United States Antimony Corporation (“USAC”, OTCBB “uamy.ob”) reported that they have received the necessary permits to set up the 150 metric ton per day mill at San Luis de la Paz in Guanajuato, Mexico. The new mill site includes approximately one hundred acres with adequate water and electricity. It is convenient to a major highway and railroad to accept rock from both the Soyatal antimony property and the Los Juarez antimony-silver-gold deposit of which USAC controls, as well as antimony from other mines in Mexico, Central America, and South America.

USAC operates a smelting facility in Coahuila, Mexico processing antimony from Soyatal and other deposits in Mexico, Central America, Canada, and South America. The smelter has just been permitted to allow the construction of a fourth furnace that should bring the smelter capacity to more than 4,000,000 pounds of oxide per year.

The CEO of USAC, John Lawrence, explained that when the “Corral Blanco” flotation mill starts production, it would supply the Company’s smelter with feed that will result in a fully integrated operation that will make USAC independent of Chinese supplies. China controls 92% of the world supply of antimony. Lawrence further pointed out that “Mexico was the third largest producer of antimony in the world during World War II with an annual production of approximately 30,000,000 pounds per year” and that “in recent years the country produced almost no antimony, because there were no smelting or milling facilities for antimony.”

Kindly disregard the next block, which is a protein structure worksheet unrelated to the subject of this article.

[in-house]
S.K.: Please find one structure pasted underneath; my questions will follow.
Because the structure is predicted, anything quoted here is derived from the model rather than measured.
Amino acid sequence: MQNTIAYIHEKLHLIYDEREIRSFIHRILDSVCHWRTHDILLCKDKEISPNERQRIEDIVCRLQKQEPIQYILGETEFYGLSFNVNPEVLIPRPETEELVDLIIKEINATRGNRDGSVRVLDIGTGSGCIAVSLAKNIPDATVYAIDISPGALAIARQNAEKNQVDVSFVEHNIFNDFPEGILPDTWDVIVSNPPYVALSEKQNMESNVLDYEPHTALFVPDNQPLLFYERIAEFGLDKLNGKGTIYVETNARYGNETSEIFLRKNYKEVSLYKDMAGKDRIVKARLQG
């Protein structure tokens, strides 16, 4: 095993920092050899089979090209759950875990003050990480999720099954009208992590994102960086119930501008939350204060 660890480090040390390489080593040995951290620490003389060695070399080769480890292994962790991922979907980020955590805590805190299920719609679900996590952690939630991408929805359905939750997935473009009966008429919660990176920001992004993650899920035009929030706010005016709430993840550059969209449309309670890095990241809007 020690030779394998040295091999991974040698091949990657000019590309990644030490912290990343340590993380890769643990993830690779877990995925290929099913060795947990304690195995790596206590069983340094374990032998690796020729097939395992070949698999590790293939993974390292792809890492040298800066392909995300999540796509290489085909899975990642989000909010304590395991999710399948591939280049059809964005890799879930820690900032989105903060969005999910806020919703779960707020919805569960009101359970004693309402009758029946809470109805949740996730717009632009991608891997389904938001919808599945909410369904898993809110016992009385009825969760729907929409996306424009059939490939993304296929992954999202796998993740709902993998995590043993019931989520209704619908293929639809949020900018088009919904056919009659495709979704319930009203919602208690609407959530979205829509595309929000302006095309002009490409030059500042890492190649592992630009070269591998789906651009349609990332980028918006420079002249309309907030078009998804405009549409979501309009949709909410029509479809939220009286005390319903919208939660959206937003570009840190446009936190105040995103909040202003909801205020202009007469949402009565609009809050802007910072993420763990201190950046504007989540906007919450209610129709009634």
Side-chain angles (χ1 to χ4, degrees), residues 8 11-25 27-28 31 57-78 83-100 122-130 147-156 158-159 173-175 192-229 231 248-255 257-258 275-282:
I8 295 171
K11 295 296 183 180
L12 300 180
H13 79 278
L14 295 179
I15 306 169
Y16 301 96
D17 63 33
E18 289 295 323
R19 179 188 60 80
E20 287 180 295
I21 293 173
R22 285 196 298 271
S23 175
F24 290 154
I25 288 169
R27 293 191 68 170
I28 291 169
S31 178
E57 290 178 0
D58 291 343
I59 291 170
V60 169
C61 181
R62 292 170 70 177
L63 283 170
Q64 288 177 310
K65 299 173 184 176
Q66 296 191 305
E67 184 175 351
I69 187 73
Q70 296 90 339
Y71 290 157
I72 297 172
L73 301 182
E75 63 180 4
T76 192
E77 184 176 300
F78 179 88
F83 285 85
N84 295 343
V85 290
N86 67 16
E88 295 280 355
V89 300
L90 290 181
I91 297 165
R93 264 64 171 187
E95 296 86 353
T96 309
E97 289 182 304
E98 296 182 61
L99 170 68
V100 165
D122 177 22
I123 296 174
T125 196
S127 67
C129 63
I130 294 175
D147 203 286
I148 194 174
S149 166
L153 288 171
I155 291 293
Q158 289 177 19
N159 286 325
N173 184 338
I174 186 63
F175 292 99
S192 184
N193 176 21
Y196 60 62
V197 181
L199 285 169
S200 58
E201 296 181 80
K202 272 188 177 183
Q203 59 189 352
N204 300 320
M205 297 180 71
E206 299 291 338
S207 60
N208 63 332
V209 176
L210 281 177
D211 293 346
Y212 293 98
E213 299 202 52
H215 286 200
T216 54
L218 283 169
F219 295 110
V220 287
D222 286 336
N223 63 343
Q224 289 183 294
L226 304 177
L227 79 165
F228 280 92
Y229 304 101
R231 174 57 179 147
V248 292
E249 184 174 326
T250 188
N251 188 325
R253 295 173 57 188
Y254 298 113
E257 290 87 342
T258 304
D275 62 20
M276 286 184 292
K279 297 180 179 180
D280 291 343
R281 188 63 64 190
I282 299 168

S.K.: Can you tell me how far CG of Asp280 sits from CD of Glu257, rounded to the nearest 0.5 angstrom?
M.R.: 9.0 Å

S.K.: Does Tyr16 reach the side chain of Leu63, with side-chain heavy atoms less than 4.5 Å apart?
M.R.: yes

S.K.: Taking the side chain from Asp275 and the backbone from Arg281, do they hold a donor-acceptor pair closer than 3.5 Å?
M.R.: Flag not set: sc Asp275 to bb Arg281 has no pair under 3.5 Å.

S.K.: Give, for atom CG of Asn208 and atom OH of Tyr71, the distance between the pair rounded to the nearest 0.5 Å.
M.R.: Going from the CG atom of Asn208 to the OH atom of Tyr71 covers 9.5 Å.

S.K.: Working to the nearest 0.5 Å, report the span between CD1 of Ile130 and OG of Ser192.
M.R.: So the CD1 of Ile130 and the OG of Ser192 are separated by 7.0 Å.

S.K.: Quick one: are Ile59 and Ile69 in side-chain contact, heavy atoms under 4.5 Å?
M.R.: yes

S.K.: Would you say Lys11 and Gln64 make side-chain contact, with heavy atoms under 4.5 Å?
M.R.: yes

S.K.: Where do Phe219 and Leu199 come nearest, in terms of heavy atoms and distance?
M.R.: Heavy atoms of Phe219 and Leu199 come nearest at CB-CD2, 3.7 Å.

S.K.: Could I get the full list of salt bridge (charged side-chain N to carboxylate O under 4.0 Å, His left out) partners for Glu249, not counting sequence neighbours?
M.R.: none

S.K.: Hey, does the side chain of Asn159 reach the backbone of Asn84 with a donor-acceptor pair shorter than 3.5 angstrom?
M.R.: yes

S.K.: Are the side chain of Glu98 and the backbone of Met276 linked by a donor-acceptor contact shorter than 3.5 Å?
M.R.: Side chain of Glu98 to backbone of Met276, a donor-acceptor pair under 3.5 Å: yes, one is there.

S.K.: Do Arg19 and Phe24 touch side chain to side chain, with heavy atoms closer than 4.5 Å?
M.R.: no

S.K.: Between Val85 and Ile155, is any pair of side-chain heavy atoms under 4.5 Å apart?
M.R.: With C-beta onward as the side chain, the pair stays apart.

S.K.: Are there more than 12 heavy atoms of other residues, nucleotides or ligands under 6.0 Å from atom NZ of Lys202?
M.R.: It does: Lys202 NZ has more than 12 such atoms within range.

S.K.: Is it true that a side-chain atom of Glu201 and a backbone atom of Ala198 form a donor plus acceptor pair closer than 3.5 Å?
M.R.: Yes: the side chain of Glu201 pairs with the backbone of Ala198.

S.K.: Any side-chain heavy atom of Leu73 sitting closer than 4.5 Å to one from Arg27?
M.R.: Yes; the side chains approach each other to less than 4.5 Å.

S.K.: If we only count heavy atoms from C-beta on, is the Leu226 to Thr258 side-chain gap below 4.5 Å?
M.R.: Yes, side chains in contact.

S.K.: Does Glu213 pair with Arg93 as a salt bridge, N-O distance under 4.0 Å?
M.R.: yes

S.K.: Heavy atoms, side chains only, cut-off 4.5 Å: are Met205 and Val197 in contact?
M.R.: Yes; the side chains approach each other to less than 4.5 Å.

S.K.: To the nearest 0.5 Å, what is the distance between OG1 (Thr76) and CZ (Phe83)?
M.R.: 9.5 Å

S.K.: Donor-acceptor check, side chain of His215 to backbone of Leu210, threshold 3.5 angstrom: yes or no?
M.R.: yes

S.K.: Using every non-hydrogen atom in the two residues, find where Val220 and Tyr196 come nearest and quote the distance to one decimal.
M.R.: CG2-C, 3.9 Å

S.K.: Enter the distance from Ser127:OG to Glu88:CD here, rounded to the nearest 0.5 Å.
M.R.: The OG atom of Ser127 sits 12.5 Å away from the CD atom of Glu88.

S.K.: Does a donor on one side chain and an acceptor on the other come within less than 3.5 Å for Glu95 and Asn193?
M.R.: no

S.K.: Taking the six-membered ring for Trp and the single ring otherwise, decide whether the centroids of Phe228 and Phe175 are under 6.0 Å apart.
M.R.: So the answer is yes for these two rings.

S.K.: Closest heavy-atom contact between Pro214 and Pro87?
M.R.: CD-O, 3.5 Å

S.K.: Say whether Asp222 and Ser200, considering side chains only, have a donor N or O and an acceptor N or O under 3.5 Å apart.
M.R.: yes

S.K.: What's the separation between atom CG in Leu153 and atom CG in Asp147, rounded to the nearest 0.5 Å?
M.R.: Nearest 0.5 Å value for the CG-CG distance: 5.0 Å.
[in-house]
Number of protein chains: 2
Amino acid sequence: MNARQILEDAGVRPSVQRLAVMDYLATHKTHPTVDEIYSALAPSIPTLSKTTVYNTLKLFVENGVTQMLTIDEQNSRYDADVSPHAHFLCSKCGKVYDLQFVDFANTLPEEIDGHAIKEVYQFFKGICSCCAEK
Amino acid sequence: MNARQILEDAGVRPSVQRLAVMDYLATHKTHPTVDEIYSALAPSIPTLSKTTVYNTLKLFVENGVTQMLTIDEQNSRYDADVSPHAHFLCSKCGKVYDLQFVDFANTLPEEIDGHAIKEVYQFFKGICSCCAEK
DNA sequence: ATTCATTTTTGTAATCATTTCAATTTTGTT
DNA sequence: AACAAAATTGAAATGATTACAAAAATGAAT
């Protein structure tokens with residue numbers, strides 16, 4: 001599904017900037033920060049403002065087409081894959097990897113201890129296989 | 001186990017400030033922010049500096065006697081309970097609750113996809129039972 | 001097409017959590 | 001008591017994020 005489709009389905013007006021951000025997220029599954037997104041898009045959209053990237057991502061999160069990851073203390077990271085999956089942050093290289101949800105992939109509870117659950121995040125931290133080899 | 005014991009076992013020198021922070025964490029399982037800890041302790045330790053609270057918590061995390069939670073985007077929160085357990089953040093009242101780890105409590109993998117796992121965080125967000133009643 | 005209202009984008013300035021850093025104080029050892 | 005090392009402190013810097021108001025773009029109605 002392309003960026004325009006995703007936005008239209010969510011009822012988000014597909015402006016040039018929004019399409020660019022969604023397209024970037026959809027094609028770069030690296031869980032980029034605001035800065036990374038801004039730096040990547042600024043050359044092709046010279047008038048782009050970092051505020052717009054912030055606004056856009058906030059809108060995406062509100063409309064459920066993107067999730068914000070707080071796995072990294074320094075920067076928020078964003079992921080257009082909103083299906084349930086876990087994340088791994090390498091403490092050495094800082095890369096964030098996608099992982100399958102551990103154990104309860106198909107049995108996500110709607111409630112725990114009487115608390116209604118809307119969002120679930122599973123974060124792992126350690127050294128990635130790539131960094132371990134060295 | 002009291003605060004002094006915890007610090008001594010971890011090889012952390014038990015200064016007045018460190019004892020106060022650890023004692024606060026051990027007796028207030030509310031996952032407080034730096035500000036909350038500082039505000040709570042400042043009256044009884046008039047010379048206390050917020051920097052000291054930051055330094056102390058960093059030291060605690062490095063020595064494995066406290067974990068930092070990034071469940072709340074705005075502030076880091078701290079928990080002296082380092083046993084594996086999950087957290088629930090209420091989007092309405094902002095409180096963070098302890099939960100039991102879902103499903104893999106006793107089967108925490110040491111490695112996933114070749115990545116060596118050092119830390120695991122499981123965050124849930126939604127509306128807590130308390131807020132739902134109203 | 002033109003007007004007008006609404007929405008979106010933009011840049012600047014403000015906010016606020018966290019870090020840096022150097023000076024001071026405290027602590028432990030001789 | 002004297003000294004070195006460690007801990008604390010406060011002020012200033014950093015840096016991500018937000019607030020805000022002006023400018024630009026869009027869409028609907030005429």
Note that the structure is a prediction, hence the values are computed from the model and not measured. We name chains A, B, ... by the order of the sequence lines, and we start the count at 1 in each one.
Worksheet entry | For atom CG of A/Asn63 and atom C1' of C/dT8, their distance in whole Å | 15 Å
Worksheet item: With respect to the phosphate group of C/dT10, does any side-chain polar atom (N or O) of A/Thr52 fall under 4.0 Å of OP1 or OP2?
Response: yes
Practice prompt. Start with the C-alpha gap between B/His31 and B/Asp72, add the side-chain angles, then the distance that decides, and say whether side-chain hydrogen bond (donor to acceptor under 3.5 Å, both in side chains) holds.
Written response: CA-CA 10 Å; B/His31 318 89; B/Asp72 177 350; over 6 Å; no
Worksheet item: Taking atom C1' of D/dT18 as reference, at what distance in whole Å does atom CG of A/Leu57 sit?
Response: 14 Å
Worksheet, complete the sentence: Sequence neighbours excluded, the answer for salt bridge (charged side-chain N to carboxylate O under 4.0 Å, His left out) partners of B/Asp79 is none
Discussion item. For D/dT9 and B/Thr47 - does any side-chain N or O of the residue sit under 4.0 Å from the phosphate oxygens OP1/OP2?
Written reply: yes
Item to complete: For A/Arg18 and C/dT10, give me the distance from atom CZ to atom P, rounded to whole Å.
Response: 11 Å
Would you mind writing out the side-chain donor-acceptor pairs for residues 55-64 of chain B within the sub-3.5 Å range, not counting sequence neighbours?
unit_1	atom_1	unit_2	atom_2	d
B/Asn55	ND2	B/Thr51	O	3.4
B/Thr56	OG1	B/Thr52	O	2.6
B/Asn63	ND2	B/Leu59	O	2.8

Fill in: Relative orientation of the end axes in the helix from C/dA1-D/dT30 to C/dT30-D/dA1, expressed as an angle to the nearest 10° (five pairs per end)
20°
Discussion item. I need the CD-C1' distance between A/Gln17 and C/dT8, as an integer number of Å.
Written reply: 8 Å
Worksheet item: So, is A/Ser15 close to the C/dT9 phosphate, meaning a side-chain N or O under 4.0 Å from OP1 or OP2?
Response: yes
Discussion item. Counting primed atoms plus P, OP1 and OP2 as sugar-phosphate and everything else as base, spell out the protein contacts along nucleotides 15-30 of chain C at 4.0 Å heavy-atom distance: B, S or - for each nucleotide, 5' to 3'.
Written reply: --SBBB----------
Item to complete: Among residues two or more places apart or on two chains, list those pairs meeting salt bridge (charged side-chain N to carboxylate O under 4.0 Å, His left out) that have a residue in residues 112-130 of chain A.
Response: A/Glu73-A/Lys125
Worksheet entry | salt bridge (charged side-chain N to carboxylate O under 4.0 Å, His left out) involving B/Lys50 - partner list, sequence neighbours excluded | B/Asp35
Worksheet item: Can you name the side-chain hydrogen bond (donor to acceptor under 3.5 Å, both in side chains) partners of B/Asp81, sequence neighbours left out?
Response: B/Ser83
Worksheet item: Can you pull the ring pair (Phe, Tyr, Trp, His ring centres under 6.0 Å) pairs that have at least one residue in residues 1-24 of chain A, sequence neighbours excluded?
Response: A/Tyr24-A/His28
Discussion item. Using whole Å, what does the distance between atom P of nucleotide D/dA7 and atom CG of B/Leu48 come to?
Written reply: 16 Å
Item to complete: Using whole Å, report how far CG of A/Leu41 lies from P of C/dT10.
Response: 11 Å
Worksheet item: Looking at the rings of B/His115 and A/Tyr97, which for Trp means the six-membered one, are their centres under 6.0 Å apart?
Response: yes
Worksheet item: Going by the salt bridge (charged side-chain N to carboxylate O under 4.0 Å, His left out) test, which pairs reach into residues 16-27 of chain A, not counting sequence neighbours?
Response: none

Antimony metal prices have hit new all-time record highs as a result of the Chinese supply issue. U.S. quotations for antimony metal are $8.20 per pound. USAC’s production remains in a “sold out” condition.

Forward Looking Statements:

This Press Release contains forward-looking statements within the meaning of Section 27A of the Securities Act of 1933 and Section 21E of the Securities Exchange Act of 1934 that are based upon current expectations or beliefs, as well as a number of assumptions about future events, including matters related to the Company's operations, pending contracts and future revenues. Although the Company believes that the expectations reflected in the forward-looking statements and the assumptions upon which they are based are reasonable, it can give no assurance that such expectations and assumptions will prove to have been correct. The reader is cautioned not to put undue reliance on these forward-looking statements, as these statements are subject to numerous factors and uncertainties. In addition, other factors that could cause actual results to differ materially are discussed in the Company's most recent filings, including Form 10-KSB with the Securities and Exchange Commission.

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